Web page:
Crow Killer have clearly done their homework, and it shows. While my limited personal experience with metalcore led me to better-known reference points like Knocked Loose, Gaza and Converge, this SLC quintet cites as influences Belgian metalcore luminaries Congress and Liar, as well as obscure, mosh-ready punk acts like Vamachara and Detain. The band's desire to make a mark on a genre they're intimately familiar with comes through loud and clear on their debut full-length Enslaved to One. On the album's Bandcamp page, genre tags like "stompcore" and "gospel rap" might set off alarm bells in some listeners' heads, but within seconds of pressing play, opener "Castigate" will lay to rest any fears of ill-advised genre-blending. Tyler Rhodes and Josh Nemcek's rabid, chaotic riffs and frontman Blake Foard's throat-searing screams combine to kick the album off with a bang, and the subsequent nine tracks keep up the energy with aplomb. Throughout the album, Crow Killer never forget their principal duty of providing aggressive, pummeling tunes to get a crowd going, but with aspirations go a little beyond the mosh pit as well. Tracks like "Hang Tight" and "Fight Back" carry a blunt, unambiguously progressive message in their lyrics, and "Bring Back the Blood II" enlists guest vocalist Megan Golden for a moody, off-kilter venture into post-hardcore. Enslaved to One is a bold first step from Crow Killer, positioning the band on the cutting edge of Salt Lake's heavy music scene. (Nic Renshaw)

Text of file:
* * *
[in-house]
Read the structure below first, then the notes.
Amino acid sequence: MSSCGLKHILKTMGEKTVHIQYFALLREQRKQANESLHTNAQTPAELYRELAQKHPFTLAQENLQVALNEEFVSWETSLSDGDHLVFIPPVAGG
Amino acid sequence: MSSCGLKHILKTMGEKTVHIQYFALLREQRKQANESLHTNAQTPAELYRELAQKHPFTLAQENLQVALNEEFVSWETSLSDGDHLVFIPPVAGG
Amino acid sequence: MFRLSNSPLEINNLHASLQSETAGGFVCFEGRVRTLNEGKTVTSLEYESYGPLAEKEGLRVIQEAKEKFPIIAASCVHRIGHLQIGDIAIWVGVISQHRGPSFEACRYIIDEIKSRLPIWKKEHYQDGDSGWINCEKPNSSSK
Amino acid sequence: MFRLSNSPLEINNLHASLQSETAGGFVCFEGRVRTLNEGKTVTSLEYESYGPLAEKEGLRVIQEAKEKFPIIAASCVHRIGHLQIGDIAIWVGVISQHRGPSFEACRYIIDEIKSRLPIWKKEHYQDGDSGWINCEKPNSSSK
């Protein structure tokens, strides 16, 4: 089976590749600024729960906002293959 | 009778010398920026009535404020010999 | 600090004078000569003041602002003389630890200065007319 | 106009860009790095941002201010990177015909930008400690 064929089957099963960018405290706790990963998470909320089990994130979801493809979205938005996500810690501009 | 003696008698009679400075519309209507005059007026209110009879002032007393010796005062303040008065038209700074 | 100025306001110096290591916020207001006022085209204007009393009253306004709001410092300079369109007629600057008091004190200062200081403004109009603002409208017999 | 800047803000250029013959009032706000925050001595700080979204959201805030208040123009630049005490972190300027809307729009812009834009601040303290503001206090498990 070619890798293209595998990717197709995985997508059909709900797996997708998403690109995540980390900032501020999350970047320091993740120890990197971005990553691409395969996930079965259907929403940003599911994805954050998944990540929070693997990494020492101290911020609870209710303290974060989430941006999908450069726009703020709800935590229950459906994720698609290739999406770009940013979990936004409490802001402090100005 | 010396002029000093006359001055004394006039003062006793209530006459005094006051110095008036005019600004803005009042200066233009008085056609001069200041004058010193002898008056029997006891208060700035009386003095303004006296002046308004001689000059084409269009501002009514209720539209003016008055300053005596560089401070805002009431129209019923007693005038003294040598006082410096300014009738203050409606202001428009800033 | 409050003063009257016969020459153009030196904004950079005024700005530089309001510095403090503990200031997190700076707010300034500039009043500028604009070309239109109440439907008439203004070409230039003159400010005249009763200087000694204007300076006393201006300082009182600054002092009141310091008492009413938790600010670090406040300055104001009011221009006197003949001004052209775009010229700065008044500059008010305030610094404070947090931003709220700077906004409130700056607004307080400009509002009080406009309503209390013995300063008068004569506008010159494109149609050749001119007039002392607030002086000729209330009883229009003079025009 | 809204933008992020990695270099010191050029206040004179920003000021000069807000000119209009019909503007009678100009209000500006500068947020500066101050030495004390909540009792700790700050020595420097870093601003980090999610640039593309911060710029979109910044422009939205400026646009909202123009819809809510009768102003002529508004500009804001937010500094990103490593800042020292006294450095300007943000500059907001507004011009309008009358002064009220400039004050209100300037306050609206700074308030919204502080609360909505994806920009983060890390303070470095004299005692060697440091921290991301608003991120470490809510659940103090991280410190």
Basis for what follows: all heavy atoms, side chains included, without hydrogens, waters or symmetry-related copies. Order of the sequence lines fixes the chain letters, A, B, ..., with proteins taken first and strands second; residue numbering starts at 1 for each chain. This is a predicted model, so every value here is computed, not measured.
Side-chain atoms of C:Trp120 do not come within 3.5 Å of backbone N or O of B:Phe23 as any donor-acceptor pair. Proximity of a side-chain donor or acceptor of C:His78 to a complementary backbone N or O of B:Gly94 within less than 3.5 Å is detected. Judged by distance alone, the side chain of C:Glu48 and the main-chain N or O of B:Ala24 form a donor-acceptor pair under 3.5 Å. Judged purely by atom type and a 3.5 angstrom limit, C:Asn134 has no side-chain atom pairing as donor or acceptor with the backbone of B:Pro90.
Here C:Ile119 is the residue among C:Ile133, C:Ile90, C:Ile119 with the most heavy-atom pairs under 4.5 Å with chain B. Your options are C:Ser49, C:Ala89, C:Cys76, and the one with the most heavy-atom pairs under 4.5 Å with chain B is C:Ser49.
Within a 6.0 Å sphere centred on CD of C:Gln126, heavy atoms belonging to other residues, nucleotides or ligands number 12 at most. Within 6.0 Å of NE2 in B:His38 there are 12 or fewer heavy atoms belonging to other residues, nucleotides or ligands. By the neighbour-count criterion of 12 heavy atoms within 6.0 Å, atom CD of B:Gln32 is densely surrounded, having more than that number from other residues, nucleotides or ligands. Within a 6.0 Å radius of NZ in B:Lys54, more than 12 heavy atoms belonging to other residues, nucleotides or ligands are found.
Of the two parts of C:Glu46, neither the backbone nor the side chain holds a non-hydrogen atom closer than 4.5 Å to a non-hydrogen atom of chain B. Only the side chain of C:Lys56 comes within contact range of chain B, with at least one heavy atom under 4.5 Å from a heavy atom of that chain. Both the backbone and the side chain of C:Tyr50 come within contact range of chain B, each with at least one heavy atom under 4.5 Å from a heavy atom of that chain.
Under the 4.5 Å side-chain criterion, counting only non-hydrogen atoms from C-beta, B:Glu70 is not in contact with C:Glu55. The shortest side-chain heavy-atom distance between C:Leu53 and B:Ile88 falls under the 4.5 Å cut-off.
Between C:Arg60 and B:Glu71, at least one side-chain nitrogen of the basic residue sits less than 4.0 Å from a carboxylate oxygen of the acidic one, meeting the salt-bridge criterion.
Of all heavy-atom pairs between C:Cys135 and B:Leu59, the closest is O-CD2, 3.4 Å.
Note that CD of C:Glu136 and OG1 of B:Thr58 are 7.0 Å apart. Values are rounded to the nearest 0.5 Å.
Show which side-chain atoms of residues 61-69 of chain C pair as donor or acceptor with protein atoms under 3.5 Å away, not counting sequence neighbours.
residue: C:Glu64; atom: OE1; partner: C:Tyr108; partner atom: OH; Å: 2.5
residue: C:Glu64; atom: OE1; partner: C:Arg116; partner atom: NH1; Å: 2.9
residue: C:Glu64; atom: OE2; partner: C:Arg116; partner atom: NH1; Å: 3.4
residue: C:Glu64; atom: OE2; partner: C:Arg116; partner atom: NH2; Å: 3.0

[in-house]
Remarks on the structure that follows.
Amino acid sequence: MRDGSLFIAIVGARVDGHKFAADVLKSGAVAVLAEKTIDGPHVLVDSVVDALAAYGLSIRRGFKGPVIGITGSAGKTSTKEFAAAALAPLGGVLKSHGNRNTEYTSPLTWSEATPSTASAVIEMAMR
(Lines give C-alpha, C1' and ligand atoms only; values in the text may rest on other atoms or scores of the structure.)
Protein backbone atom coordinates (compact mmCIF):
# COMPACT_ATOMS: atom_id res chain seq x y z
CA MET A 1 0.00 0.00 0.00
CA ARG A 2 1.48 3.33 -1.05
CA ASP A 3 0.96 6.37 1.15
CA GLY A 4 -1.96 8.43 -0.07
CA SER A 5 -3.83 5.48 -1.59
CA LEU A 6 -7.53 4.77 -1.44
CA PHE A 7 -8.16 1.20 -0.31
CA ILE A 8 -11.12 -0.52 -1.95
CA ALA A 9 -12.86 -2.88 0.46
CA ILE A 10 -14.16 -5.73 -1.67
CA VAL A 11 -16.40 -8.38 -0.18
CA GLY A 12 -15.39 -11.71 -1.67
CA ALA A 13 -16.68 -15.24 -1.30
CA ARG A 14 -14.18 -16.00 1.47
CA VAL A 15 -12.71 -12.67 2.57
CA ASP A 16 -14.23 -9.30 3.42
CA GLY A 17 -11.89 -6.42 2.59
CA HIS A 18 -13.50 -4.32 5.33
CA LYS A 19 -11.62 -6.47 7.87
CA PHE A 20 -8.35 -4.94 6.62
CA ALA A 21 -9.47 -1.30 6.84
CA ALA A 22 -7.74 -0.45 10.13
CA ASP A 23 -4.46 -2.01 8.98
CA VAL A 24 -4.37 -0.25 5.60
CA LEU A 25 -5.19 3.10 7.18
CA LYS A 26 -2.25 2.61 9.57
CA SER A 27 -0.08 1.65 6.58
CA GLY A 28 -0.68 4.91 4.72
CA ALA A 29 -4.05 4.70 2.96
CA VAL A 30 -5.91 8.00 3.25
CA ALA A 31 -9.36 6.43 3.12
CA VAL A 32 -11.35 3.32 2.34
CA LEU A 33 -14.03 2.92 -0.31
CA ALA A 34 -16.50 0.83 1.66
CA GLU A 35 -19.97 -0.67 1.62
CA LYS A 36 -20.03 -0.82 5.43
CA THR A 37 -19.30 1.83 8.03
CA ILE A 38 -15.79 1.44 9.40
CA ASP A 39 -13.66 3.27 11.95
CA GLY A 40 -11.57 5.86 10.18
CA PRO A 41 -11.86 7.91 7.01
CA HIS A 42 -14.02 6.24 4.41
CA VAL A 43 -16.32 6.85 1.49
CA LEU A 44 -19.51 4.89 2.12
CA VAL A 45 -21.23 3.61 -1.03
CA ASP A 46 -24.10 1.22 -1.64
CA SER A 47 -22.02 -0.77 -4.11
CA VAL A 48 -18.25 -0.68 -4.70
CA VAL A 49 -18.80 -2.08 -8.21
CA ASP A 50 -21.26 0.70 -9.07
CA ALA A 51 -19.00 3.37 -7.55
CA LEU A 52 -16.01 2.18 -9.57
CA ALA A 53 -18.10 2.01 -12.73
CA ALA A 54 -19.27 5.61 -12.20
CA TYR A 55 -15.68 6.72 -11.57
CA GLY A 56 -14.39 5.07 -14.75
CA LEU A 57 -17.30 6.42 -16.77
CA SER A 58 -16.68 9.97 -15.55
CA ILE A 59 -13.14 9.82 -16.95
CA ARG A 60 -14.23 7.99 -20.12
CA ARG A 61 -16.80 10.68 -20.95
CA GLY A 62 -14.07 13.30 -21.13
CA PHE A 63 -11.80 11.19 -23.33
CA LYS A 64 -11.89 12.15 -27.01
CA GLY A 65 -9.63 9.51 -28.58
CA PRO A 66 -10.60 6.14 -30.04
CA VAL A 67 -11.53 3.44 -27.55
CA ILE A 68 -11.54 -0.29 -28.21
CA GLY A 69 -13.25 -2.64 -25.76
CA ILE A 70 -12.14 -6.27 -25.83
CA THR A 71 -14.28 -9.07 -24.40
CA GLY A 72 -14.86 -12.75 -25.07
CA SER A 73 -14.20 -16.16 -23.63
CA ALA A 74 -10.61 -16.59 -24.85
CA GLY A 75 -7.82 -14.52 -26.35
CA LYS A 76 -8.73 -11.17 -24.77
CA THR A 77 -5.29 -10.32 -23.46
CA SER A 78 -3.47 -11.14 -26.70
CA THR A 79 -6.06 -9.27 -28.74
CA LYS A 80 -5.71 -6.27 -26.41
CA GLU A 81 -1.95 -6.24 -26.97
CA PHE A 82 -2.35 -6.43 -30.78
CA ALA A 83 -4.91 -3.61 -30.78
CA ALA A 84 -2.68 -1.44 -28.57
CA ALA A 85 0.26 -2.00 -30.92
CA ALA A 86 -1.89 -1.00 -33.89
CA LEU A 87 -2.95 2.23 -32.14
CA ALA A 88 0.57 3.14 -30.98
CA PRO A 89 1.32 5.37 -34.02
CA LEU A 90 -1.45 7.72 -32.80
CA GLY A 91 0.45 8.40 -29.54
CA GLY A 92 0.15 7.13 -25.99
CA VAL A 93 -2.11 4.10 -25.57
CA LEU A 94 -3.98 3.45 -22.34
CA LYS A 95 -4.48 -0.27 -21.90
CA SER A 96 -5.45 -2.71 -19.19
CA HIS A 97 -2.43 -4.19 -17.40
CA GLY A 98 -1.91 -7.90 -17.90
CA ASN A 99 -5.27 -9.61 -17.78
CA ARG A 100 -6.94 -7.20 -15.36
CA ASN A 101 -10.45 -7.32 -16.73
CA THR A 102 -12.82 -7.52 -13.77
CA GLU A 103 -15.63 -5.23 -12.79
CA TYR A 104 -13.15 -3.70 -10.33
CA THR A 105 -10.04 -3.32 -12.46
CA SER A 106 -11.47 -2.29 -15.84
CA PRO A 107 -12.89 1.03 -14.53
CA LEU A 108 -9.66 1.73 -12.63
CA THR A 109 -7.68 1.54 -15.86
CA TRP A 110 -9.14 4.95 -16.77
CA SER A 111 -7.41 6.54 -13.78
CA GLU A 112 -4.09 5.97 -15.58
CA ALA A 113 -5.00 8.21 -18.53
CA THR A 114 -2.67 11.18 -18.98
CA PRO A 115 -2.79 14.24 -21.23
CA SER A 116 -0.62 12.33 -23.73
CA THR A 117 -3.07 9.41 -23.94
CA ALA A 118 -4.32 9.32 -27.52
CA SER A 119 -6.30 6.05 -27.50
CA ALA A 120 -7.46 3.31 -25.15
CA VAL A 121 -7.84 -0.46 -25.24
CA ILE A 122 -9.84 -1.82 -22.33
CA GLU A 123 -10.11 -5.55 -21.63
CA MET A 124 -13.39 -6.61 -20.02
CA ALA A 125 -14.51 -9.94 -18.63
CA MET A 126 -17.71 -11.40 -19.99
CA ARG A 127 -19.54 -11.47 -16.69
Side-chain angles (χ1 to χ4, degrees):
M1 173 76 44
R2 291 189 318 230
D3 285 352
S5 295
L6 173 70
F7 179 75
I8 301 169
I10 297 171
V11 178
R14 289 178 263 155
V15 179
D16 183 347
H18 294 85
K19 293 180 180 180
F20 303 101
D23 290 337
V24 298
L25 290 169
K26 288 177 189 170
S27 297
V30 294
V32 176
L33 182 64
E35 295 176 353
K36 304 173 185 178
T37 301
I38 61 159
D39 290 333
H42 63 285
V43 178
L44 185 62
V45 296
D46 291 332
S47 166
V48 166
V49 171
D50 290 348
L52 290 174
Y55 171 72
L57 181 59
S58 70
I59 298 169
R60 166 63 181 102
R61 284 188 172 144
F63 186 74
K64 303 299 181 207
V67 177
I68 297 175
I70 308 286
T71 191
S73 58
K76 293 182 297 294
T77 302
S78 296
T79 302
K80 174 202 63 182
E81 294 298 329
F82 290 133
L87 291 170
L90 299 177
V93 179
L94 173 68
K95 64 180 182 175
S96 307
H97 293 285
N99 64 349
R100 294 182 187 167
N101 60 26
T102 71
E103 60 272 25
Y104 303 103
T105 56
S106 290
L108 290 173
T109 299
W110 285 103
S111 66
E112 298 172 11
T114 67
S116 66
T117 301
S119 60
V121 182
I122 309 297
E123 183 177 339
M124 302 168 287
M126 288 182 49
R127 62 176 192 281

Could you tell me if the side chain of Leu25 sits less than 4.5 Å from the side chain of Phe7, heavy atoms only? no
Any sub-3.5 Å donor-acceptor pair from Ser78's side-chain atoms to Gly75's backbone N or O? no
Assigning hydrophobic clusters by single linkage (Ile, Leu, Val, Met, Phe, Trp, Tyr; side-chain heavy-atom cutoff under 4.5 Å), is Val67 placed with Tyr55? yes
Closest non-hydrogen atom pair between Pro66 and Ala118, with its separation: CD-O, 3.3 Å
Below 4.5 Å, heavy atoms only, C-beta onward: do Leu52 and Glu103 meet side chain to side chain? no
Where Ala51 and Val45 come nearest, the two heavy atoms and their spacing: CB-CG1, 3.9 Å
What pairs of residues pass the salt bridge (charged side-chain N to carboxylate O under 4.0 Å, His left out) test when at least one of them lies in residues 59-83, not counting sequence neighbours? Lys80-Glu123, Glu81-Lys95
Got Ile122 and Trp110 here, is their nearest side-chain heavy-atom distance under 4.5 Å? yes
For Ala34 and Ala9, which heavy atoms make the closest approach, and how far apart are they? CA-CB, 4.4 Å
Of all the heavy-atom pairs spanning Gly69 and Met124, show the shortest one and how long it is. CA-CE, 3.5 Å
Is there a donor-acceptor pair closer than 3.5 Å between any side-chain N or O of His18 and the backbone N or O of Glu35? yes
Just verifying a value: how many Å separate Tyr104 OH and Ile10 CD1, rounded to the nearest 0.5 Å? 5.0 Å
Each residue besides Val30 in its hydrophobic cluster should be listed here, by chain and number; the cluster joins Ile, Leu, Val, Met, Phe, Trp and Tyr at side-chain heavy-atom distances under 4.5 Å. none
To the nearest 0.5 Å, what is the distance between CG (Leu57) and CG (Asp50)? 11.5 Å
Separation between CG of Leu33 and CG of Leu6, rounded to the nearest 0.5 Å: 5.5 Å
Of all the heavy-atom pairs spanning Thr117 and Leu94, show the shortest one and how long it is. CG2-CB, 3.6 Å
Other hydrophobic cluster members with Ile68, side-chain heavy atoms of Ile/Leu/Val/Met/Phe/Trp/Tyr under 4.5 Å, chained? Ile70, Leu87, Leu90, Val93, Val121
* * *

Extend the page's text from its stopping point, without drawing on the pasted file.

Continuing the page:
• Erin Moore

The Nods, Overripe
Released: June 22, 2019